She served him regular orange juice and they started talking. There was a dance two fl oors up and dad invited mom to join him. Then, he asked her out for a drink. After consulting with her two girlfriends, mom took a small leap of faith and enjoyed dad's company. He asked for her phone number and proceeded to call her one week later from the Navy base.

A courting dance had begun, and my dad to his credit honed in on the grand prize. This process took almost two years to play out as my mom and her proud Italian father slowly relented to dad's overtures. Even after dad finally said the inevitable words of "I love you," mom directed him to ask her father for his blessings regarding marriage. That's how matters of the heart were handled back then.

Mom and dad were married July 1955 in Queens, New York. In January of 1957, my dad moved to Waterloo, Iowa to join a small radio and television station handling their sports department. This lasted about six months until he landed a better position in Lexington, Kentucky for a larger radio and television station. He drove back to New York City to rejoin mom prior to me being born in July 1957. Leading up to this joyous event, mom had continued her outstanding work for the export company and received several promotions.

After I was born in Queens, New York we drove to Lexington so dad could begin his new job. He did a great job and was highly thought of. This assignment lasted one year. In the fall of 1958, dad continued his rapid climb in the broadcasting profession beginning with a significant job opportunity in Birmingham, Alabama as a sports anchor for a larger television station. He covered all sports including broadcasting minor league baseball.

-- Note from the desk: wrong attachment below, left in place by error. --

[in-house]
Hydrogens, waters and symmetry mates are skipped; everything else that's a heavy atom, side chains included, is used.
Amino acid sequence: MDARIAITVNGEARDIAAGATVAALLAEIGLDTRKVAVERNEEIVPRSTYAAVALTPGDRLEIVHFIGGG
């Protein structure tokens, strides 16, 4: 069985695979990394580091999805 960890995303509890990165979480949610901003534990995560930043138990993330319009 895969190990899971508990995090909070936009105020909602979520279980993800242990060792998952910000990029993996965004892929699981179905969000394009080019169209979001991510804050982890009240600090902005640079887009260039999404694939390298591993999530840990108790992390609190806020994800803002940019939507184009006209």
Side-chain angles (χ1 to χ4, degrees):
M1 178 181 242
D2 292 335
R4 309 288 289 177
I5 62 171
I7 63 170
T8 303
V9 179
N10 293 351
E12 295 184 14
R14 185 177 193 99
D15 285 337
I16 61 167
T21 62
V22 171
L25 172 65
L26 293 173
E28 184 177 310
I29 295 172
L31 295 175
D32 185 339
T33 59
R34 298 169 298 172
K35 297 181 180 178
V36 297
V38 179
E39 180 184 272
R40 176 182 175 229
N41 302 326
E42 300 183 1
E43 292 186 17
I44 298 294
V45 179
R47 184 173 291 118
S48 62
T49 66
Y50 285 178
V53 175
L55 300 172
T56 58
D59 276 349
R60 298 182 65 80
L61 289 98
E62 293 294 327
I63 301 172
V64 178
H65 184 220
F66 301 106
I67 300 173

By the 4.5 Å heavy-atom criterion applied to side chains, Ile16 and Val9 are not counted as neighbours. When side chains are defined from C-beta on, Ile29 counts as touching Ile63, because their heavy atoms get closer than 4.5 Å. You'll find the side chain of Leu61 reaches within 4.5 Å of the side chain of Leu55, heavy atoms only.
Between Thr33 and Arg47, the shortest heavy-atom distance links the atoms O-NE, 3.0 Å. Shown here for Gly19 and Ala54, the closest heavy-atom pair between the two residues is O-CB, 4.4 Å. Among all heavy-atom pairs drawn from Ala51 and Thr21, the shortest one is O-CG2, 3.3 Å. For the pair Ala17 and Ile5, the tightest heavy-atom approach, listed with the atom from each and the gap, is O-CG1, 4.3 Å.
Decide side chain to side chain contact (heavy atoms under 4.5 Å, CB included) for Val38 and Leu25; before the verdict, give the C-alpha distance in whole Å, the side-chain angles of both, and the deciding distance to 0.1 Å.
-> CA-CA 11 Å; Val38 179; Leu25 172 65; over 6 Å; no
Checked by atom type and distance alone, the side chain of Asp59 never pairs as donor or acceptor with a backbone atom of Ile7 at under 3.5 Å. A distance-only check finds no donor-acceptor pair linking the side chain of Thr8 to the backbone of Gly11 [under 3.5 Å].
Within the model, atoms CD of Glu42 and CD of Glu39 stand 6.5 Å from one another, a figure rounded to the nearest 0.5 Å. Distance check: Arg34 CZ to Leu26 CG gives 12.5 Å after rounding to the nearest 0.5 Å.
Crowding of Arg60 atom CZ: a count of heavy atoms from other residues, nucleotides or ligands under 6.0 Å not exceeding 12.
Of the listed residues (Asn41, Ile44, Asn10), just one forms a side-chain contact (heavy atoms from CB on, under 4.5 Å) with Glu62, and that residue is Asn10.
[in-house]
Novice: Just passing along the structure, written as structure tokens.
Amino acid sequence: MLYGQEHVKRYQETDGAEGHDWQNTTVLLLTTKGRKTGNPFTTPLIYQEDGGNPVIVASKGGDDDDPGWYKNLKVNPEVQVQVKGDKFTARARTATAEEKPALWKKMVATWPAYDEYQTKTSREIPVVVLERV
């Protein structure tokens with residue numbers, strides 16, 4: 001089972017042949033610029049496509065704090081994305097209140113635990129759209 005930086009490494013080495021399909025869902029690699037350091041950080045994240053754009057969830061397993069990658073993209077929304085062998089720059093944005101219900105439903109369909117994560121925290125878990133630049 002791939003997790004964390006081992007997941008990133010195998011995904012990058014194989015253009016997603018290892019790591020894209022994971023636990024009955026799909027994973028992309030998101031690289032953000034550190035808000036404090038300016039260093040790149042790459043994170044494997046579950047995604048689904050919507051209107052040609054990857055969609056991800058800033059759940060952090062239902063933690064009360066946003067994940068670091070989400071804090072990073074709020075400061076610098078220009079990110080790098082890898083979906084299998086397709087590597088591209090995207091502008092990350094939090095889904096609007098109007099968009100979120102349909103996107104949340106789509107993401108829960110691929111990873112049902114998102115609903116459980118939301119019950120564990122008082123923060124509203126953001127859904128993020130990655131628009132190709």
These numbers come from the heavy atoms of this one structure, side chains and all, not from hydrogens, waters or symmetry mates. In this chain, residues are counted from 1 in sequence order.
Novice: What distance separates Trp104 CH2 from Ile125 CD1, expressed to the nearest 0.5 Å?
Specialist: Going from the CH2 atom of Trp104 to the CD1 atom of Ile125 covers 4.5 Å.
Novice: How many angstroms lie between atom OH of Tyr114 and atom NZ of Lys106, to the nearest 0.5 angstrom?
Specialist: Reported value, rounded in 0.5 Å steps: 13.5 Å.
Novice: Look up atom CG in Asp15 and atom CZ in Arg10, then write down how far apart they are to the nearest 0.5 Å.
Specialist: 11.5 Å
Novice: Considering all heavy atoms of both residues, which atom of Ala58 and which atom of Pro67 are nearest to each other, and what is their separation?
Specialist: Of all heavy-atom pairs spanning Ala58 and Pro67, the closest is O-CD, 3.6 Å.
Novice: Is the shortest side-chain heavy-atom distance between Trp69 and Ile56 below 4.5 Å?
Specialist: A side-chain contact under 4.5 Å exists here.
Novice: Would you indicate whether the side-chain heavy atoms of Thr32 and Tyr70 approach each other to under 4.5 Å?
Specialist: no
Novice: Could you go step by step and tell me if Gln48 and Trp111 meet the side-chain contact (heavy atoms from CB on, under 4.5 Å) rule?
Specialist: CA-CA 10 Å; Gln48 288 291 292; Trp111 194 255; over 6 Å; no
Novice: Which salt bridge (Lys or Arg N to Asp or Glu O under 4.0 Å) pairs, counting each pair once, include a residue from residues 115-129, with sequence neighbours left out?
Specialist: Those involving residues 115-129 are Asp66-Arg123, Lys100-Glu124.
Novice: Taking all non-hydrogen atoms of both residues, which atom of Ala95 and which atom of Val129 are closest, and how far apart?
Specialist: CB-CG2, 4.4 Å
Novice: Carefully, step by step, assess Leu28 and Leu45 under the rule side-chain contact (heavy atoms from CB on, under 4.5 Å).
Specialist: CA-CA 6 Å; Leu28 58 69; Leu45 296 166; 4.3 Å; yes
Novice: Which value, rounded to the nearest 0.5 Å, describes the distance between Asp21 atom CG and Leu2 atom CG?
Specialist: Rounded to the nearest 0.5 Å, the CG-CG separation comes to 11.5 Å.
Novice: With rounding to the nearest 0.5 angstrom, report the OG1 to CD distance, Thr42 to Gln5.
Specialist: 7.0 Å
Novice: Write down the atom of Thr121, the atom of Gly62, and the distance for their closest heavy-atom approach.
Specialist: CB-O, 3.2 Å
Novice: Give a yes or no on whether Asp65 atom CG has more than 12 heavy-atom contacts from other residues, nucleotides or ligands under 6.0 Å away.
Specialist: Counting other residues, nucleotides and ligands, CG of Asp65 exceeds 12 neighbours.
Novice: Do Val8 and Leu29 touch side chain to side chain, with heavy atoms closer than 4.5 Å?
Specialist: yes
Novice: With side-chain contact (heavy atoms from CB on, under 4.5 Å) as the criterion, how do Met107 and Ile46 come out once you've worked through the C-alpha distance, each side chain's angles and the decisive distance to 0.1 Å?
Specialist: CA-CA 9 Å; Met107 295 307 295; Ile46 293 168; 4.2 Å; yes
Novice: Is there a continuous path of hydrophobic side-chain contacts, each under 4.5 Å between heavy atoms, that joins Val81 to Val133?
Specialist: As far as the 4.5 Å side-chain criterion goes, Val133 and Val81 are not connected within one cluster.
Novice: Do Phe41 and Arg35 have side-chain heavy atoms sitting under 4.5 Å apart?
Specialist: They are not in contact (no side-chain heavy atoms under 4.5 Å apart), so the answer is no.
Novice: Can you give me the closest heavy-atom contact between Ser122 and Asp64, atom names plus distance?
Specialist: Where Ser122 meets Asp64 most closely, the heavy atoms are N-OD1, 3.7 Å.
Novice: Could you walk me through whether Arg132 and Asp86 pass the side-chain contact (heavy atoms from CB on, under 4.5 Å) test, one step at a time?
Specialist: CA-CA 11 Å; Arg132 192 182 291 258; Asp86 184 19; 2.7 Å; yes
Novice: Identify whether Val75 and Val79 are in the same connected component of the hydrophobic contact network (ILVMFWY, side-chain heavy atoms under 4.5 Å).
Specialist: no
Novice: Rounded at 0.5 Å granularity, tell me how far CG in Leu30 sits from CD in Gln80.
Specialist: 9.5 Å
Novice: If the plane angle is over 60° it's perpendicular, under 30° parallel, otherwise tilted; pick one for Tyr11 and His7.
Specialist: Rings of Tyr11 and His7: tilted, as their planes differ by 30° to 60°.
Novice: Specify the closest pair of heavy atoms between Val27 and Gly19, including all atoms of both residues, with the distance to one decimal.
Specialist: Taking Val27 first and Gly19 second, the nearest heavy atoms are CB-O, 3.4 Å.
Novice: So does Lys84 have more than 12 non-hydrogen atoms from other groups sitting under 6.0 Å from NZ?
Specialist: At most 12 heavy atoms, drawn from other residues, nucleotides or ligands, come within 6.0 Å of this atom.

Thus began a series of moves to New York City, New Orleans, and Kansas City that spanned seven years. During this time, the Faris Family expanded with the addition of two more boys in 1960 and 1962. I am proud to note that in addition to mom running our household, she also managed to work part-time in finance positions helping business owners with their bookkeeping. Her dual roles made her by definition a true anomaly, and there simply were not many women doing this in the 1960's.

Once our family moved to Kansas City in 1966, my father had reached the pinnacle of sports broadcasting taking over as an announcer for professional baseball and football. He was well known in the community and well respected in his profession. Despite his heavy travel schedule, our family was tight-knit. Mom ran the household like a Swiss watch. My dad and mom attended many of my sporting events that included baseball, golf, football, and hockey.

We lived in a nice suburban neighborhood that was rapidly expanding to the southwest of the downtown area on the Kansas side. My brothers and I fit into the school system quickly and there were always decent neighborhood kids to play with. My parents also made friends quickly and we were a happy family.

In fact, I could not have asked for more supportive parents or a better childhood. They emphasized taking school seriously and doing my homework. My dad was talking to me about colleges as early as eleven years of age. One of his favorite sayings was, "Make something happen today." He was not a fan of the Vietnam War and didn't want me throwing hand grenades in some Cambodian rice patty field. He wanted me to be successful and continuously stressed outworking others to make that happen.